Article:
Do you know how many Irish there are living in Hawaii?
I don’t really know, and I couldn’t find an answer to it. I do believe there are many here of Irish descent. However living here all my life I can tell you that St. Patrick’s Day has traditionally gone by relatively unnoticed and uncelebrated here in the islands. Ask most people here what they think of today and they’ll say “green beer” and that’s about the extent of it. Come to think of it, that does lend itself to many spontaneous celebrations today…
However given my own mana‘o as connected with Managing with Aloha, and thanks to attending eight fairly formative years of Catholic School, what I recall about St. Patrick is this: he was very skilled at matching his evangelism (substitute: Rosa’s coaching) with the specific values of the Irish culture (substitute: Managing with Aloha.) So personally, I’m a fan!
This comes from The History Channel’s archives:
Familiar with the Irish language and culture, Patrick chose to incorporate traditional ritual into his lessons of Christianity instead of attempting to eradicate native Irish beliefs.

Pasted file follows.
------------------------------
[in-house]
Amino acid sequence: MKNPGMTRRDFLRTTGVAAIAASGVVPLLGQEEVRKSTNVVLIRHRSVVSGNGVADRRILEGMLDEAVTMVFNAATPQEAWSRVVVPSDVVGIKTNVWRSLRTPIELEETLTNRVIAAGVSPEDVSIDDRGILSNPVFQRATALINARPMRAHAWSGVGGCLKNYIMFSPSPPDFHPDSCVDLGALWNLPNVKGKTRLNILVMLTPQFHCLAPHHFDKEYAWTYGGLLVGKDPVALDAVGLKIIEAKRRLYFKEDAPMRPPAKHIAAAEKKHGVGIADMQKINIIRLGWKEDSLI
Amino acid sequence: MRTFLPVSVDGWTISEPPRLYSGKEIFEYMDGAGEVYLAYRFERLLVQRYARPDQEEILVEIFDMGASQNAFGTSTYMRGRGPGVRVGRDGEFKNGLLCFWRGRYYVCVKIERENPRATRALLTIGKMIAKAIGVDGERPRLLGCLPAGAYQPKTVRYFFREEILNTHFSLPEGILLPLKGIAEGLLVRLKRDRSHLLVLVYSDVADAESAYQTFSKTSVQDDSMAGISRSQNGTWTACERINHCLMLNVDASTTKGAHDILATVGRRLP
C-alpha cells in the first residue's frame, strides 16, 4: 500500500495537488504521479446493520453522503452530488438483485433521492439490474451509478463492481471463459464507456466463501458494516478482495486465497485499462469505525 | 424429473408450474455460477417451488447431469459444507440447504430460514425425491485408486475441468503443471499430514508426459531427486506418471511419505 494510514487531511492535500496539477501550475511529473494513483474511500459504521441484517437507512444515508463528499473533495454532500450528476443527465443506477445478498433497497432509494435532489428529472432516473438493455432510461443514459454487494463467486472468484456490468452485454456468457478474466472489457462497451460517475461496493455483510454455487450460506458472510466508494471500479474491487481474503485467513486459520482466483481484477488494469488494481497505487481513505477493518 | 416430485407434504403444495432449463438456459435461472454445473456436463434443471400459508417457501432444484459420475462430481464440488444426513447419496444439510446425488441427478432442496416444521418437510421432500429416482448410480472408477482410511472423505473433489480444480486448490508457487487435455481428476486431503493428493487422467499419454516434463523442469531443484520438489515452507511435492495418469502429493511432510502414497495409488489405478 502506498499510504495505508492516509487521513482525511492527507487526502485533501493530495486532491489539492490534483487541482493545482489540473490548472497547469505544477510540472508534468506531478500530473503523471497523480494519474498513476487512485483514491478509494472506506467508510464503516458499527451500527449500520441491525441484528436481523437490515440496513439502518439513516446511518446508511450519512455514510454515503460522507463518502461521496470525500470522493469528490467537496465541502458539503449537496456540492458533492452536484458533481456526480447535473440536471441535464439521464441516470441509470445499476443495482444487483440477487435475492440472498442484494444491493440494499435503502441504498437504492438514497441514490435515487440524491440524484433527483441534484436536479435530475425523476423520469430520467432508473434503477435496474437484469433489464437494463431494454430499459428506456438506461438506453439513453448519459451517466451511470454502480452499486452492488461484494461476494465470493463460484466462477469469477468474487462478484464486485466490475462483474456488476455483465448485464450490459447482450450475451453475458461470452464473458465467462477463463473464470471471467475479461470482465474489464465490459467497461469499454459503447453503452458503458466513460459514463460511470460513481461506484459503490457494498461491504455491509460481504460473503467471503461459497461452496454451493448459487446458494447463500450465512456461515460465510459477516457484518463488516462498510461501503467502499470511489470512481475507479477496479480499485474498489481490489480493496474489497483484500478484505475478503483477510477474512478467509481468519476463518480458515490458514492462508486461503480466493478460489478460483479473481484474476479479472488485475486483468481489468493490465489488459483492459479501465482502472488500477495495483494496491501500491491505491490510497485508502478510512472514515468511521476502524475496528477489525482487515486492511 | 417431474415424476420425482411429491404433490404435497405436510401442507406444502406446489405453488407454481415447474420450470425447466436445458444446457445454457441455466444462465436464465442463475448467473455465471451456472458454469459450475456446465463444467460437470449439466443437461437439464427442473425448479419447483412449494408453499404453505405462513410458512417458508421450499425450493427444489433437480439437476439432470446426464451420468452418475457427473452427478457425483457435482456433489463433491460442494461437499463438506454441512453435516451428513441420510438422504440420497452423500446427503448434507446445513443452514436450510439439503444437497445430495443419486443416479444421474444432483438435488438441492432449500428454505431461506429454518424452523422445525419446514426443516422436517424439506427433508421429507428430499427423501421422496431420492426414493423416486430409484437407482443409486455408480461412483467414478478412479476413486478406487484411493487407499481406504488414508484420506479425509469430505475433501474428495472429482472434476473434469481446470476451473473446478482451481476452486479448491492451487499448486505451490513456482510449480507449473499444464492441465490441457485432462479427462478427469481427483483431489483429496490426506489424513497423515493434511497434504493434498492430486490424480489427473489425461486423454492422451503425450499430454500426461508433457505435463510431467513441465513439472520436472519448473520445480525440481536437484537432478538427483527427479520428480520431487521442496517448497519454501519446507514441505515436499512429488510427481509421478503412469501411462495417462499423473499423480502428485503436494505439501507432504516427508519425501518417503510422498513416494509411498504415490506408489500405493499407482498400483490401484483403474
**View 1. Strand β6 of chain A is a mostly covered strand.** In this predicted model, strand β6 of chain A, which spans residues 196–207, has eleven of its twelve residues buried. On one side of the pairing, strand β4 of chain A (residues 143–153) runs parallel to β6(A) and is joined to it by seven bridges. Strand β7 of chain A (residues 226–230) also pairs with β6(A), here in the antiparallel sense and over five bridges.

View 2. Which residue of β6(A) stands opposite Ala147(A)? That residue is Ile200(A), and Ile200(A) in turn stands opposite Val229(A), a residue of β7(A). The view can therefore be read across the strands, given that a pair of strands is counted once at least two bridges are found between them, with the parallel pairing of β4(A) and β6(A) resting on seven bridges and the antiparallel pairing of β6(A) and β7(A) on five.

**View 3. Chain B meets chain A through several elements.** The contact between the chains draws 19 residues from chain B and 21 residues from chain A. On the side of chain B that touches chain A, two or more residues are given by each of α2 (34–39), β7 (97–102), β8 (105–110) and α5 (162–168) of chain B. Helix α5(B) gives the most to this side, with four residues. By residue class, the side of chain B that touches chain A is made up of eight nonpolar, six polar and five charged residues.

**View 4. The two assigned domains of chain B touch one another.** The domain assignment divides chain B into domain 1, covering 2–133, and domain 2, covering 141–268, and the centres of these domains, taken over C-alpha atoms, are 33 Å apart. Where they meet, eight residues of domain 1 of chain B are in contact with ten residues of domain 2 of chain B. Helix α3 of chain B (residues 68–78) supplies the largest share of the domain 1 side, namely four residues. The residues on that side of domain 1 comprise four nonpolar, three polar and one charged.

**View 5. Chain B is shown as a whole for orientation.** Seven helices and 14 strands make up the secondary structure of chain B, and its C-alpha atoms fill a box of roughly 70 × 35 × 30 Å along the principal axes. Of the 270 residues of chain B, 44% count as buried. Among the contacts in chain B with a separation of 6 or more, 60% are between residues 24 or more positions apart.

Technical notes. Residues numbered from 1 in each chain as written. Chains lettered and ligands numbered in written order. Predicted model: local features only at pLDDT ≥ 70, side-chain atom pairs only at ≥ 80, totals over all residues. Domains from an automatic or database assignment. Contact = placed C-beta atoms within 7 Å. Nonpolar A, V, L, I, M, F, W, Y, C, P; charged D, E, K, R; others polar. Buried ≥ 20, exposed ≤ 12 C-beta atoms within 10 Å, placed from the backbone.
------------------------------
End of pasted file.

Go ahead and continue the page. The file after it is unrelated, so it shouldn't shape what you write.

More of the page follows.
For instance, he used bonfires to celebrate Easter since the Irish were used to honoring their gods with fire. He also superimposed a sun, a powerful Irish symbol, onto the Christian cross to create what is now called a Celtic cross, so that veneration of the symbol would seem more natural to the Irish.
The way I see it, St. Patrick had a lot of aloha.
As an aside, there is another similarity between the folklore of the Irish and the Hawaiians: our storied little people. For the Irish it’s the leprechaun, and for the Hawaiians it’s the menehune, who are often described by malihini (visitors) as “the Hawaiian leprechaun.”
So for today, a story for you about our Hawaiian Menehune: click this next link to read The Three Menehune of Ainahou. Like St. Patrick and the Three Menehune, there are many in our world who wish to make things better for you.
Happy St. Patrick’s Day!